The portrait of Fisher celebrating on the sideline, fist-pumping his way down the field and speeding through his syllables — no one talks faster than Jimbo — showed the catharsis that the victory provided.
In Year 3 of his fully guaranteed 10-year, $75 million contract, Fisher hadn’t provided much pop for Texas A&M’s dollars. But this victory provides both an adrenaline shot for the program and a boost to the career of senior quarterback Kellen Mond, whose development had appeared to flatline after some moments of early promises.
But Mond went 25-for-35 for 338 yards and three touchdowns. He led A&M on a 40-yard drive in the game’s final 3:40 after a fumble by Florida’s Malik Davis squandered UF’s chance to win and set up the Aggies. Seth Small drilled a 26-yard field goal as time expired to deliver the win. (Isaiah Spiller rushed for 174 yards and two touchdowns and was the day’s biggest star.)
Fisher was clearly elated after the game. “They didn’t pay attention to the scoreboard,” he said. “They played the next play.
“Football is a game of will and you can’t let them break it.”
A&M (2-1) trailed 28-17 midway through the third quarter and fought back. They should be favored in their next three games — at Mississippi State, Arkansas and at South Carolina. “It shows you what you’re capable of,” Fisher said. “Now what you follow up with tells you what you’re capable of.”
Tennessee stumbles to the finish line
No. 3 Georgia ended up blowing out Tennessee, 44-21, but the tenor of a majority of the game didn’t match the final score.
The tortured Vols fans yearning for relevancy and competitiveness in the SEC East will look back at the third quarter of this game for where things went wrong. Tennessee led 21-17 at halftime and fell apart in a third quarter riddled with questionable play-calling and turnovers. The spiral led to the Vols getting shut out in the second half.
The drives where Tennessee got the ball in the third quarter unfolded this way — fumble, interception, punt, punt and punt. Along the way, Tennessee lost its identity, as the offensive line that was supposed to be the program’s fulcrum crumbled against Georgia’s elite defense.
In a hail of false starts, falling behind the chains and getting swallowed by the Georgia pass rush, the Vols’ offense disappeared in the Athens night. Tennessee offensive coordinator Jim Chaney is no longer the Georgia OC, in part, for lapses like this when he’d abandon the run game, lose identity and lose control of games.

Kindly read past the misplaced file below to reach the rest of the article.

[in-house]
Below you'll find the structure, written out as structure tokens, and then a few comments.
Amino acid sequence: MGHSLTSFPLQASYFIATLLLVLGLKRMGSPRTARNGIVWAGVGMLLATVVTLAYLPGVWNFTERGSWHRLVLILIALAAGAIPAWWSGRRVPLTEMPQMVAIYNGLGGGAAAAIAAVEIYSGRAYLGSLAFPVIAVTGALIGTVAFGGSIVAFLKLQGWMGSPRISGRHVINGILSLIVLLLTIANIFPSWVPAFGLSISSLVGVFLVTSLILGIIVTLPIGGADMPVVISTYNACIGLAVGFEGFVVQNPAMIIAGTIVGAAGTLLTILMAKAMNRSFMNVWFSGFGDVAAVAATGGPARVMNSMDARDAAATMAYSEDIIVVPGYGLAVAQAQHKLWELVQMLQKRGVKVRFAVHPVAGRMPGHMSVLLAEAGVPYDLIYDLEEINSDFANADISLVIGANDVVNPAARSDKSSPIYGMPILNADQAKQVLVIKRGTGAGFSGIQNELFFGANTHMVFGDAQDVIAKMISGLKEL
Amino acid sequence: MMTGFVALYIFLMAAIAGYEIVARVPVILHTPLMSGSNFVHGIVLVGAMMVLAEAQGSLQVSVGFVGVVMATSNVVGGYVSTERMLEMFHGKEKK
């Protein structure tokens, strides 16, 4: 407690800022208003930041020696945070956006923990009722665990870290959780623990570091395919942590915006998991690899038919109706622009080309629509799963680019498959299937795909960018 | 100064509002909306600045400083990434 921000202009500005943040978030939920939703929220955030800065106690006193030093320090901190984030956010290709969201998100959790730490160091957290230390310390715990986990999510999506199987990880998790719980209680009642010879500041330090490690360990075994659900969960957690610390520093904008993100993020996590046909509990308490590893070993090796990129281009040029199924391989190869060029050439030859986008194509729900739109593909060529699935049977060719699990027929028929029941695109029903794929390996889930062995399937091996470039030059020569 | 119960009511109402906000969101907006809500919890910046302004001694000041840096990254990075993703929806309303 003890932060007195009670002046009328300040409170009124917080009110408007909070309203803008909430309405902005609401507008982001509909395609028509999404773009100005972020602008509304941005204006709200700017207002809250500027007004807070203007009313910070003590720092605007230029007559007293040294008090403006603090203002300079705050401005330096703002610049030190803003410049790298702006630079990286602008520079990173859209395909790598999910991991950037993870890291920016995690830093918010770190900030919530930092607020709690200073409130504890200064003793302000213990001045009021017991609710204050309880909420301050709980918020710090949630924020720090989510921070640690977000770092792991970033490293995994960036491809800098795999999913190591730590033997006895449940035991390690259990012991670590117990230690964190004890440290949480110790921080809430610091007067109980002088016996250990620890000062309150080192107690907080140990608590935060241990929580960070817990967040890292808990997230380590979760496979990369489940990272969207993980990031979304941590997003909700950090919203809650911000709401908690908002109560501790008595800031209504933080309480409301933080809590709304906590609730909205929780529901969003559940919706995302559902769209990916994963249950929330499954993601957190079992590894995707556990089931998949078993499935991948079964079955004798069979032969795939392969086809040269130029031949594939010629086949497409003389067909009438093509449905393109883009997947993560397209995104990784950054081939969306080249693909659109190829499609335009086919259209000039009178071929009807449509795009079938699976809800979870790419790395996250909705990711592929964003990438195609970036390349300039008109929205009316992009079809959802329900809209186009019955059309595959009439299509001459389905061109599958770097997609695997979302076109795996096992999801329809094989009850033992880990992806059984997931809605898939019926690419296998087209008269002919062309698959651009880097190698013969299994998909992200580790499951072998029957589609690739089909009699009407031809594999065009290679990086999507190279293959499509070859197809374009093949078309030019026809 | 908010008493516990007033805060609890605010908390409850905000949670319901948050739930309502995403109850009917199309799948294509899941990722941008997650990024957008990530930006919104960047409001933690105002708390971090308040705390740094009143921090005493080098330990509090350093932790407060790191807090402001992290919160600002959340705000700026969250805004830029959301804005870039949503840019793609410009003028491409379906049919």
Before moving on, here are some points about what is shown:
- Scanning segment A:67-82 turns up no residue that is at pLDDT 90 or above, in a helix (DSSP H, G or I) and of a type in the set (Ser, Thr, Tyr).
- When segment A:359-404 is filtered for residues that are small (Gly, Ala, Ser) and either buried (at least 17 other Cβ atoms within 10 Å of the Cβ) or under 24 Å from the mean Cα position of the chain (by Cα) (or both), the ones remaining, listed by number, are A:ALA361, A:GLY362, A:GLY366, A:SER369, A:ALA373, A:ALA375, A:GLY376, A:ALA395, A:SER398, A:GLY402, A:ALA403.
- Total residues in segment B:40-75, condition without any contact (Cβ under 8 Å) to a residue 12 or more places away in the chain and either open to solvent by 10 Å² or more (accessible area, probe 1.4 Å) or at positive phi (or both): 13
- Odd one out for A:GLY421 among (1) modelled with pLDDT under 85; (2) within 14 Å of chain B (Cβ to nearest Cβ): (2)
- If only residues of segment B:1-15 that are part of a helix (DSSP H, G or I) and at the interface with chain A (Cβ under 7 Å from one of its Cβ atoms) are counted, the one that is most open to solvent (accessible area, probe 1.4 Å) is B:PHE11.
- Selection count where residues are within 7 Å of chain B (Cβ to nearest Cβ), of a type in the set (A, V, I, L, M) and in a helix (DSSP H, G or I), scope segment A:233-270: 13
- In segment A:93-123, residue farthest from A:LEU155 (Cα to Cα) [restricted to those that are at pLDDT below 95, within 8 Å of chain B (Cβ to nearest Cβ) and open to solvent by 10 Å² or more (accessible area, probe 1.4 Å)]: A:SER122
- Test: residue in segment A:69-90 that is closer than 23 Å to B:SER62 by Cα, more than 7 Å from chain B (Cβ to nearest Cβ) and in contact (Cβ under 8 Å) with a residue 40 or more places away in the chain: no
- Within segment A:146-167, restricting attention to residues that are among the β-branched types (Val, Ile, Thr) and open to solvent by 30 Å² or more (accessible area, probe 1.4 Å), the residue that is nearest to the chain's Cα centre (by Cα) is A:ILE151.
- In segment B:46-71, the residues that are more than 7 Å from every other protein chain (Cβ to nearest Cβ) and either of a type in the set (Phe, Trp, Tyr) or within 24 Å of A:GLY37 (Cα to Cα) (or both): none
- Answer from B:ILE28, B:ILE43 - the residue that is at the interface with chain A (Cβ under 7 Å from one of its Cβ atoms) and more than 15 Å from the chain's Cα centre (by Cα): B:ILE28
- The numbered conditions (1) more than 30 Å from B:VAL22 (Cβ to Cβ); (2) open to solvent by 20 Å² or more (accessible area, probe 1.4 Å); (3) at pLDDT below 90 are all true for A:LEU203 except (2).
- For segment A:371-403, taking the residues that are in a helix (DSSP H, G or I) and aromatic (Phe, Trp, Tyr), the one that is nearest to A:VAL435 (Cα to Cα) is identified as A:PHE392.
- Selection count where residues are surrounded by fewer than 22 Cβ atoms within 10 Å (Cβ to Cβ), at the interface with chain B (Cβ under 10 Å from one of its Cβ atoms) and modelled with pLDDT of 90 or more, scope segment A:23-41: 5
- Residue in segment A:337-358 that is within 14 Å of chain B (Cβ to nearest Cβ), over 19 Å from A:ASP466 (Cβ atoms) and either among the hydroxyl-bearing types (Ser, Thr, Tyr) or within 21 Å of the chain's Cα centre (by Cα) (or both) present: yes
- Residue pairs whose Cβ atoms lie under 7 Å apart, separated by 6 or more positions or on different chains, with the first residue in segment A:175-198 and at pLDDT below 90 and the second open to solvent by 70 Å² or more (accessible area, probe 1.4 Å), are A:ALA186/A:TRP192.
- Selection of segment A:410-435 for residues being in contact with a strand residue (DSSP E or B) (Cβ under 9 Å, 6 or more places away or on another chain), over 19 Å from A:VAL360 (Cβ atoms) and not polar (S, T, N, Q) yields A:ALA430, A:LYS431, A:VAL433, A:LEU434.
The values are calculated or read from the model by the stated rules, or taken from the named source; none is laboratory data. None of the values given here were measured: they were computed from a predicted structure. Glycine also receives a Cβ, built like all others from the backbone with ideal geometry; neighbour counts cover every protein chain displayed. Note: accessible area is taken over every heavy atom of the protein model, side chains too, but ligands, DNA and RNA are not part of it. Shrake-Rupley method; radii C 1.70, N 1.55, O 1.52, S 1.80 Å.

Credit Georgia with the pressure, scheme and talent to suffocate Tennessee. But after holding its own and appearing to match up in the first half, Tennessee failed to replicate what got it there.
Tennessee finished the day 4-of-17 on third down, with 10 penalties and -1 total rushing yard on 27 attempts. Some of that can be attributed to Georgia’s five sacks for 46 yards. Tennessee also yielded 13 points from turnovers.
Tennessee competed for a half, but also showed it is still a long way from the SEC’s elite.
Pitt’s kick in the gut
The day’s most distinct dichotomy of emotion went to the Pitt kicker Alex Kessman.
He produced the day’s kicking highlight, bombing a 58-yard field goal with 40 seconds left to send Pitt’s game at Boston College into overtime tied at 24.
At the end of the first overtime, Pitt’s Taysir Mack scored on a three-yard pass play that would have tied the game. Kessman, however, followed up his heroics by pushing the extra point and missing it wide right. “It’s disappointing, but that’s stuff that happens,” Narduzzi said. “He got us there.”
The mistake sent the Boston College sideline storming onto the field, as the 31-30 victory put the Eagles at 3-1 in Jeff Hafley’s first season. Boston College had a chance to send its game against North Carolina to overtime last week but failed on the two-point conversion in the final minute.
BC has found an identity, with Notre Dame transfer quarterback Phil Jurkovec throwing for 358 yards and three touchdowns. Receiver Zay Flowers continued his breakout year, catching six passes for 162 yards and all three of the touchdown passes. It’s the third straight game for BC that came down to the final minute.
“Our mentality is that it’s about the process, it’s about us,” Hafley said. “We’re going to go attack and play as hard as we can and stick together. It proves everything about this team right now, and I appreciate it.”
Hogs seething after controversial call
The hiring of Sam Pittman at Arkansas was roundly mocked in SEC circles. He’d been a career assistant coach who’d generated little interest in jobs and only came to Fayetteville after an awkward and flailing search.
But a three-game sample size shows that Pittman has delivered an adrenaline jolt to a program that had flatlined. Arkansas lost 30-28 at Auburn on Saturday and it was one bad officiating call away from pulling the shocking upset. “The times of us going someplace and embarrassing our fans are over,” Pittman said. “I’m proud of them. That’s what I told them.”
Arkansas had plenty of embarrassing of moments the past few years, as the end of Bret Bielema’s regime and the entire tenure of Chad Morris were unmitigated messes. Arkansas snapped a 20-game SEC losing streak last week against Mississippi State and nearly upset No. 13 Auburn on Saturday.
The officials gifted the win to Auburn when quarterback Bo Nix fumbled a third-down snap with 31 seconds left, turned around and spiked the ball backward to stop the clock. That should have been ruled a fumble, and Arkansas appeared to recover it after it was blown dead. Pittman was fuming on the sideline and was miffed after the game.
“The ball went backwards six yards,” he said. “I saw a fumble and a spike that went backwards six yards.”
There are no moral victories in the SEC, but considering that Arkansas lost to Auburn by an average of 39.2 points per game the last four years, there’s been progress in Fayetteville.